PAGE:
In July 1976 and again in September 1979, due to a poor safety culture, fire broke out in a concrete vault containing radioactive waste. Water used in extinguishing the fires was contaminated, leaked into the environment, and entered the water table. This was not reported in the media.[13][11]

On 28 December 1990, during refurbishment of Unit 1, it was noticed that the space between the fuel channels and the graphite stack (contaminated during the 1975 accident) had widened. The contaminated graphite was spilled, and the radiation levels in the space under the reactor increased. Radiation was detected 6 km away from the unit, but this was not reported in the media.[13][11]

On 3 December 1991, due to faulty equipment and lax safety rule compliance, 10 new fuel rods were dropped and damaged. The staff tried to conceal the accident from the management.[11]

In March 1992, an accident at the Sosnovy Bor nuclear plant leaked radioactive gases and iodine into the air through a ruptured fuel channel. This was the first accident at the station that was announced in the news media.[14]

On 27 August 2009, the third unit was stopped when a hole was found in the discharge header of a pump.[15] According to the automated radiation control system, the radiation situation at the plant and in its 30-kilometre (19 mi) monitoring zone was normal.[15] The plant's management refuted rumors of an accident and stated that the third unit was stopped for a "short-term unscheduled maintenance", with a restart scheduled for 31 August 2009.[16]

On 19 December 2015, unit 2 was stopped (scrammed) due to a broken steam pipe. No radioactively contaminated material was released. The situation inside Leningrad Nuclear Power Plant and the industrial area around the station has not changed and the radiation level remains within the limits of natural background values.

See also


  1. ^ Leningrad NPP-2: Concreting of the foundation plate of the reactor building of the 1st unit started; 27 October 2008permanent dead link:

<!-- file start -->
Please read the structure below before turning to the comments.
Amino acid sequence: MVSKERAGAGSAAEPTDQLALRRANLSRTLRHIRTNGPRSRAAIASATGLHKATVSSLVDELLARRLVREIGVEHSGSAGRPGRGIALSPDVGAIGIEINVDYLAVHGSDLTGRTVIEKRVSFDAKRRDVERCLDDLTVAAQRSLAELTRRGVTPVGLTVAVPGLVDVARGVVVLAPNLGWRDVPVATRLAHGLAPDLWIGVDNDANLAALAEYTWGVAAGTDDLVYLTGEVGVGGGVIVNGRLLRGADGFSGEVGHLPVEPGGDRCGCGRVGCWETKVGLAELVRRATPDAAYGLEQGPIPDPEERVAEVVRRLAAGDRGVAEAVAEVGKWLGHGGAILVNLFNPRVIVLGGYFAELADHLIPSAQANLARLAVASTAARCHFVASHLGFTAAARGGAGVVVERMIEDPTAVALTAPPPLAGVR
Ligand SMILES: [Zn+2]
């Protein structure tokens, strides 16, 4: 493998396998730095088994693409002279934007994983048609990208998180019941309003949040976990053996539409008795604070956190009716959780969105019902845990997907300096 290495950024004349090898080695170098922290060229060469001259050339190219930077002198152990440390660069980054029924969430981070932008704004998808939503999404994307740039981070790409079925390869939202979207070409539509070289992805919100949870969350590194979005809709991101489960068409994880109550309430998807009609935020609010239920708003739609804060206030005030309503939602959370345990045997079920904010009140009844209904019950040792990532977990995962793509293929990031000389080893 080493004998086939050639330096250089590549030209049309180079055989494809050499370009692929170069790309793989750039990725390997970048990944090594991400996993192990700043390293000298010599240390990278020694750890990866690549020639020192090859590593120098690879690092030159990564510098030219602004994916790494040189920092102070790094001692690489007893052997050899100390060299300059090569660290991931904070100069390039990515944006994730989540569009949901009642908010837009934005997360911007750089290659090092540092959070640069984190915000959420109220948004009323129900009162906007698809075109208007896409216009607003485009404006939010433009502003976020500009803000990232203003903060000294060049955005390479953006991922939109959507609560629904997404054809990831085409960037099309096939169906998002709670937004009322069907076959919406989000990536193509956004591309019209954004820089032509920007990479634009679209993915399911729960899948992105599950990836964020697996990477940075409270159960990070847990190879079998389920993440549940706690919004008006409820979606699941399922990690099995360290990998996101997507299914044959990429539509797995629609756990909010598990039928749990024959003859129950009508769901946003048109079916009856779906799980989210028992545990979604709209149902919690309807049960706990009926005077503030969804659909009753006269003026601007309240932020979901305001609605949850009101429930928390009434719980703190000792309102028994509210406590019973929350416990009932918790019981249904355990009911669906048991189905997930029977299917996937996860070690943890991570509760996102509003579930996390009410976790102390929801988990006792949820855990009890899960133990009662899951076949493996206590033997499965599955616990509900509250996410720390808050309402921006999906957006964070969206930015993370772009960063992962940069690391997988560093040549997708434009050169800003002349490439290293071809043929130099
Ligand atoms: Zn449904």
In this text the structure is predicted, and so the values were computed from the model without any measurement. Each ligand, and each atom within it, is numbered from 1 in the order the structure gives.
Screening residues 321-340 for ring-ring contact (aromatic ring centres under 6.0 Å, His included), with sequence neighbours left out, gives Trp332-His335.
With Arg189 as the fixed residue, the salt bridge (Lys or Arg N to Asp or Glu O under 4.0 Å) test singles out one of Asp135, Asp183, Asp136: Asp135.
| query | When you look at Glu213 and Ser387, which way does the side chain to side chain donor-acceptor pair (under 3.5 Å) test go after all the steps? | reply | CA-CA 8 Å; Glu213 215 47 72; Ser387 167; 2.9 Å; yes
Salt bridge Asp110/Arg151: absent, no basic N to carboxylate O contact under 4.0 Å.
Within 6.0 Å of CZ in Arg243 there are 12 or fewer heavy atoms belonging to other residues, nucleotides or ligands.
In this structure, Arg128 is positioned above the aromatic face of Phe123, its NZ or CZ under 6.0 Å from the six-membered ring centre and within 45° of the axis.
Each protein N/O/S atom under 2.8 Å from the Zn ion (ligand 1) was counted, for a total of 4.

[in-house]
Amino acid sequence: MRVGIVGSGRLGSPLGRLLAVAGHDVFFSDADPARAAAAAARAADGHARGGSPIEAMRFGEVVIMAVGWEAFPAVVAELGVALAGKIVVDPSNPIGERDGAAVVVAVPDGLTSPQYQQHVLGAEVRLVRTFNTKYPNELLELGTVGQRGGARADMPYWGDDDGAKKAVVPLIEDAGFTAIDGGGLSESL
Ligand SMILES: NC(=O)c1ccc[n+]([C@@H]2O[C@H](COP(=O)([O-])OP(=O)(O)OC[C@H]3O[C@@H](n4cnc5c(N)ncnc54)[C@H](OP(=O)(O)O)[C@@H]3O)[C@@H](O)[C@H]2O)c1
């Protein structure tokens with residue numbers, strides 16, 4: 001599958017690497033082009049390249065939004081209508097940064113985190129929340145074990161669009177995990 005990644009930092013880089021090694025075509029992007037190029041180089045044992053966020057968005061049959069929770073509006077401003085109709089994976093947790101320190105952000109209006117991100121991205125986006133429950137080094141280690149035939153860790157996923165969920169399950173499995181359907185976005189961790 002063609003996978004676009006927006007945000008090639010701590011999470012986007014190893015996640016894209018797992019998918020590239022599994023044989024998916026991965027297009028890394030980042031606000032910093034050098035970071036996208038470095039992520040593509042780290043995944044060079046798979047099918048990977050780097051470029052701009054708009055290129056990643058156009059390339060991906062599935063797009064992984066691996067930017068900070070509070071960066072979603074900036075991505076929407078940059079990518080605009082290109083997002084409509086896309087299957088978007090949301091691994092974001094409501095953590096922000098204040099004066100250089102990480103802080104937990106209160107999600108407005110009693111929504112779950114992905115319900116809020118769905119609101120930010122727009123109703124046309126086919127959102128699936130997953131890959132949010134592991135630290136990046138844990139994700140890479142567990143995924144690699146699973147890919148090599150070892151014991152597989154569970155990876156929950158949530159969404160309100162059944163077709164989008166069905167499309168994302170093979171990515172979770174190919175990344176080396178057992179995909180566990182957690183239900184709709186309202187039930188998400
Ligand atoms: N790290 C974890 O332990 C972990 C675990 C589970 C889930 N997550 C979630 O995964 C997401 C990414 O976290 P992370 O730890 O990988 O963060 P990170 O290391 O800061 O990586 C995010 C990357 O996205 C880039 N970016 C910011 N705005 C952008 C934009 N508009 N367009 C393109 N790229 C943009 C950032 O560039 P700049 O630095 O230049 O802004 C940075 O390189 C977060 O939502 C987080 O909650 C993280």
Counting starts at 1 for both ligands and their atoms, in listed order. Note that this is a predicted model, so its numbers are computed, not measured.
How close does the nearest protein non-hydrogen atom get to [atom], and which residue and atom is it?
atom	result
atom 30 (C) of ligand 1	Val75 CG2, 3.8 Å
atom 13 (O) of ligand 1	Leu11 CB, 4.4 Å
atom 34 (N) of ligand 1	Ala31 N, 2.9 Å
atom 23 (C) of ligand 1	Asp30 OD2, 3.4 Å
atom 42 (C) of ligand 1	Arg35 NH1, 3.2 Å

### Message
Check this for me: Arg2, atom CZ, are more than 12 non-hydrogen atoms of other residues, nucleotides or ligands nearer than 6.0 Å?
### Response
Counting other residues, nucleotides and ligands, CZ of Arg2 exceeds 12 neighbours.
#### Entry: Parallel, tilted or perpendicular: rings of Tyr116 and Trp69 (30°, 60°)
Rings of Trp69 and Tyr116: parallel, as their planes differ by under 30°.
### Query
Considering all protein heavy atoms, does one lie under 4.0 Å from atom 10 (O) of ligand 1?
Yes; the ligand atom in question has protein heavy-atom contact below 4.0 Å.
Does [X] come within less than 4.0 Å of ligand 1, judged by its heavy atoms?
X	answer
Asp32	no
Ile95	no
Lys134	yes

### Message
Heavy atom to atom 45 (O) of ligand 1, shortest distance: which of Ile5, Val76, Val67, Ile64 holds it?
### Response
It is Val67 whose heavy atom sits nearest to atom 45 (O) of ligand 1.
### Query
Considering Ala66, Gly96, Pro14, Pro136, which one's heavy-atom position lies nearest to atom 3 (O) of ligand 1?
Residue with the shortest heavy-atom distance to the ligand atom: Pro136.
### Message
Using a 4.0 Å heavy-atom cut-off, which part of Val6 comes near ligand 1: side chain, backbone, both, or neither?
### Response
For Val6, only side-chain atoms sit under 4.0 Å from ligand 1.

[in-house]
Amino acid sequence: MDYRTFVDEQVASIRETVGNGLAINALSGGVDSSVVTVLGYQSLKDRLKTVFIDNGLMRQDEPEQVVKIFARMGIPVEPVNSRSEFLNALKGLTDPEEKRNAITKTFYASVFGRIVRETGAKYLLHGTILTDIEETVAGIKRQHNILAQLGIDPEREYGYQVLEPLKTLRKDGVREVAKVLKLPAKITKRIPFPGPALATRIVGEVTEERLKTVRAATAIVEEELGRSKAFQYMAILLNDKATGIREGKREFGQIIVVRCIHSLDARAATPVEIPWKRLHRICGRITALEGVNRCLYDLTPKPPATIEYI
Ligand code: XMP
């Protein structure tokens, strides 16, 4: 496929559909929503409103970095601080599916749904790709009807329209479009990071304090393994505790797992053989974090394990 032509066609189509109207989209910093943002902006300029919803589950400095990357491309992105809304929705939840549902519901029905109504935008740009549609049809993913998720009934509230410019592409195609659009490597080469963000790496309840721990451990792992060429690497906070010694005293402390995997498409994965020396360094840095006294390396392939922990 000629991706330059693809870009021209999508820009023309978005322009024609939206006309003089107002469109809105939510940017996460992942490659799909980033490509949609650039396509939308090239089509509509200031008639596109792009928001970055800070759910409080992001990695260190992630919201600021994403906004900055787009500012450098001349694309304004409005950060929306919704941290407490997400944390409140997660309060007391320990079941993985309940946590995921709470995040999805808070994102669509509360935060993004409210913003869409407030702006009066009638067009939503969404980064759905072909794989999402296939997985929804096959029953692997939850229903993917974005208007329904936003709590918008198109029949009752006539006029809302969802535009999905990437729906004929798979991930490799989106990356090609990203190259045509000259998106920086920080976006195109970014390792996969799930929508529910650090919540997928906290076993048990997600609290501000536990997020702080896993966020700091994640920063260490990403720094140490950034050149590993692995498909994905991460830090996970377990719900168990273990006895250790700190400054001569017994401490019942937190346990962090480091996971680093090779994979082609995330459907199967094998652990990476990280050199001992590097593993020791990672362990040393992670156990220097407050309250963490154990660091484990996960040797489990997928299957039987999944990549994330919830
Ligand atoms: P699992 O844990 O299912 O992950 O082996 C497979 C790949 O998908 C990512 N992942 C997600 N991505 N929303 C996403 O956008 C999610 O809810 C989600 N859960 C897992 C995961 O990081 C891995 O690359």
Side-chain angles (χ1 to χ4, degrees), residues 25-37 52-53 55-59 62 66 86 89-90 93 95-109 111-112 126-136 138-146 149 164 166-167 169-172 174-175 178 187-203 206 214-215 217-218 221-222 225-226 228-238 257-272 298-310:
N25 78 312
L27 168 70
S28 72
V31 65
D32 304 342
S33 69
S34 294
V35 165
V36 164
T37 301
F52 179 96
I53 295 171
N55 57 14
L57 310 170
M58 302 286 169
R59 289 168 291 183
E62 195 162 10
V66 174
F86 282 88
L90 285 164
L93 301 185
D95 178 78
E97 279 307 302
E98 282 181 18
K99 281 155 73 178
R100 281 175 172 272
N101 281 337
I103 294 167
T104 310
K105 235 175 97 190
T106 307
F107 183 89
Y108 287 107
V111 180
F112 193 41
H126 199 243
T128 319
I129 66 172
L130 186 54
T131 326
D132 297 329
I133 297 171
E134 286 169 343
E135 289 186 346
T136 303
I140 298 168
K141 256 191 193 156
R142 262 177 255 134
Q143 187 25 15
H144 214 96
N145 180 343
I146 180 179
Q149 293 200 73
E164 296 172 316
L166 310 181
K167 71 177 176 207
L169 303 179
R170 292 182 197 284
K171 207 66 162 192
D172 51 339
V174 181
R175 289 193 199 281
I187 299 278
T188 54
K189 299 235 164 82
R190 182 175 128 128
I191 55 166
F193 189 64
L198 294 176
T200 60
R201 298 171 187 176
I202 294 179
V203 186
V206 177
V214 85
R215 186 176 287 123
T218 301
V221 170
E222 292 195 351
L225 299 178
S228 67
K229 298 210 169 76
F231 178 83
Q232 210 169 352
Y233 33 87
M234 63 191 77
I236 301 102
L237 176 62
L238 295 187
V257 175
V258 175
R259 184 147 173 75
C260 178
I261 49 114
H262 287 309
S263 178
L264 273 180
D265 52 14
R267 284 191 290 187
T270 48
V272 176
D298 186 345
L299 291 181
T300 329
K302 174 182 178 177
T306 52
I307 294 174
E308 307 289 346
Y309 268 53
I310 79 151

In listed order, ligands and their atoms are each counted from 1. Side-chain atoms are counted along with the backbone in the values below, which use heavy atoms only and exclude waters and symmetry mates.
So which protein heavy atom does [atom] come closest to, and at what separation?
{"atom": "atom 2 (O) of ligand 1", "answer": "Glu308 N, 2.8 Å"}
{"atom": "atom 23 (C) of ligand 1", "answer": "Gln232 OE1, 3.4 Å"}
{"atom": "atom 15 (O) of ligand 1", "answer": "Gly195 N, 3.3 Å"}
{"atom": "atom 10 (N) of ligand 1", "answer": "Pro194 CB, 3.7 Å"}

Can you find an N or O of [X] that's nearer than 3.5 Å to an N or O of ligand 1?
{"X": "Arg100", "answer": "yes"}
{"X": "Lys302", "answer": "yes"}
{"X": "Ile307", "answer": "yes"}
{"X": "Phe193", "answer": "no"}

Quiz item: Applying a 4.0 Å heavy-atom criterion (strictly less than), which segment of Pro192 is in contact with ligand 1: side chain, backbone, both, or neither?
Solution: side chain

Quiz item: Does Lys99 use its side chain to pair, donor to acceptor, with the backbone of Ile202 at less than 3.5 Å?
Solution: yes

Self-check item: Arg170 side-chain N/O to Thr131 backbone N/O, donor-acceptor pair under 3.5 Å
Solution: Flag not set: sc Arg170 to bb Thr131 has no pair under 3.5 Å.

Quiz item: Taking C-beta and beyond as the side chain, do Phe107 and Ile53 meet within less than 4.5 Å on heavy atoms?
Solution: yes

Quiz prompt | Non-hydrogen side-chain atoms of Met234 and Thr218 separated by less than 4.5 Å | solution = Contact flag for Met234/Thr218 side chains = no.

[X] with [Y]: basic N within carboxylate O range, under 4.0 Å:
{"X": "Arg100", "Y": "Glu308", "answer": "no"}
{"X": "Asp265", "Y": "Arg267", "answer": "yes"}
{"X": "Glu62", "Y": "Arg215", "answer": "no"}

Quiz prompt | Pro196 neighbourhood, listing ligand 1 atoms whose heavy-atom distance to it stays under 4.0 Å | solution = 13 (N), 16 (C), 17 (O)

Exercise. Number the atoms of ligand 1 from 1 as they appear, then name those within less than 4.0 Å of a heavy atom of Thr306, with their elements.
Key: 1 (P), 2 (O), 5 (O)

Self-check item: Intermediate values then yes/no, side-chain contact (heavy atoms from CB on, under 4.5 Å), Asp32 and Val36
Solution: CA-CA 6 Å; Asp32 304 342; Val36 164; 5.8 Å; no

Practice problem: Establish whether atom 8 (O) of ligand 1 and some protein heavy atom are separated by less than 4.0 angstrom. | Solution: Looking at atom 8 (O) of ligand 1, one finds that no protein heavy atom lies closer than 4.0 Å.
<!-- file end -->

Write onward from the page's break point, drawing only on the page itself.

2. ^ Construction starts at Leningrad II; 27 October 2008:
  3. ^ "Go-ahead for second Leningrad II unit". World Nuclear News. 22 July 2009. Retrieved 26 July 2009. 
  4. ^ "Restored RBMK back on line". World Nuclear News. 2 December 2013. Retrieved 3 December 2013. 
  5. ^ Power Reactor Information System of the IAEA: "Russian Federation: Nuclear Power Reactors" Archived 26 December 2008 at the Wayback Machine.
  6. ^ a b c d https://nevnov.ru/435827-pervyj-energoblok-laes-2-nachnet-vyrabotku-energii-uzhe-v-mae-2017-goda
  7. ^ Power Reactor Details Leningrad II-2 on the PRIS of the IAEA Archived 28 June 2011 at the Wayback Machine.
  8. ^ Power Reactor Details Leningrad II-3 on the PRIS of the IAEApermanent dead link
  9. ^ Power Reactor Details Leningrad II-4 on the PRIS of the IAEApermanent dead link
  10. ^ a b c Nuclear Encyclopedia, chief editor A. A. Yaroshinskaya. - Moscow: the Charity Fund of Yaroshinskaya, 1996. - 656p.
  11. ^ a b c d e f V. M. Kuznetsov, Russian Nuclear Power Engineering Yesterday, Today, Tomorrow. Opinion of independent expert. - Moscow: National press institute, 2000. - 288 p.
  12. ^ Controlling Technology By Stephen H. Unger, p. 88.
  13. ^ a b c V. A. Melnikov, N. B. Malevannaya, Radiological Safety During the Operation of Nuclear Complex in Sosnovy Bor. - presentation at the international conference ENERGY. ECOLOGY. SAFETY, May 25–27, 1999, Sosnovy Bor.
  14. ^ Nuclear Energy Institute, Source Book: Soviet-Designed Nuclear Power Plants in Russia, Ukraine, Lithuania, Armenia, the Czech Republic, the Slovak Republic, Hungary and Bulgaria Archived 11 December 2012 at the Library of Congress, 5th edition, 1997, p. 141.
  15. ^ a b The third unit of Leningrad NPP has been stoppedpermanent dead link, Rosenergoatom, 28 August 2009
  16. ^ Leningrad NPP refutes rumors about accidentpermanent dead link, Rosenergoatom, 28 August 2009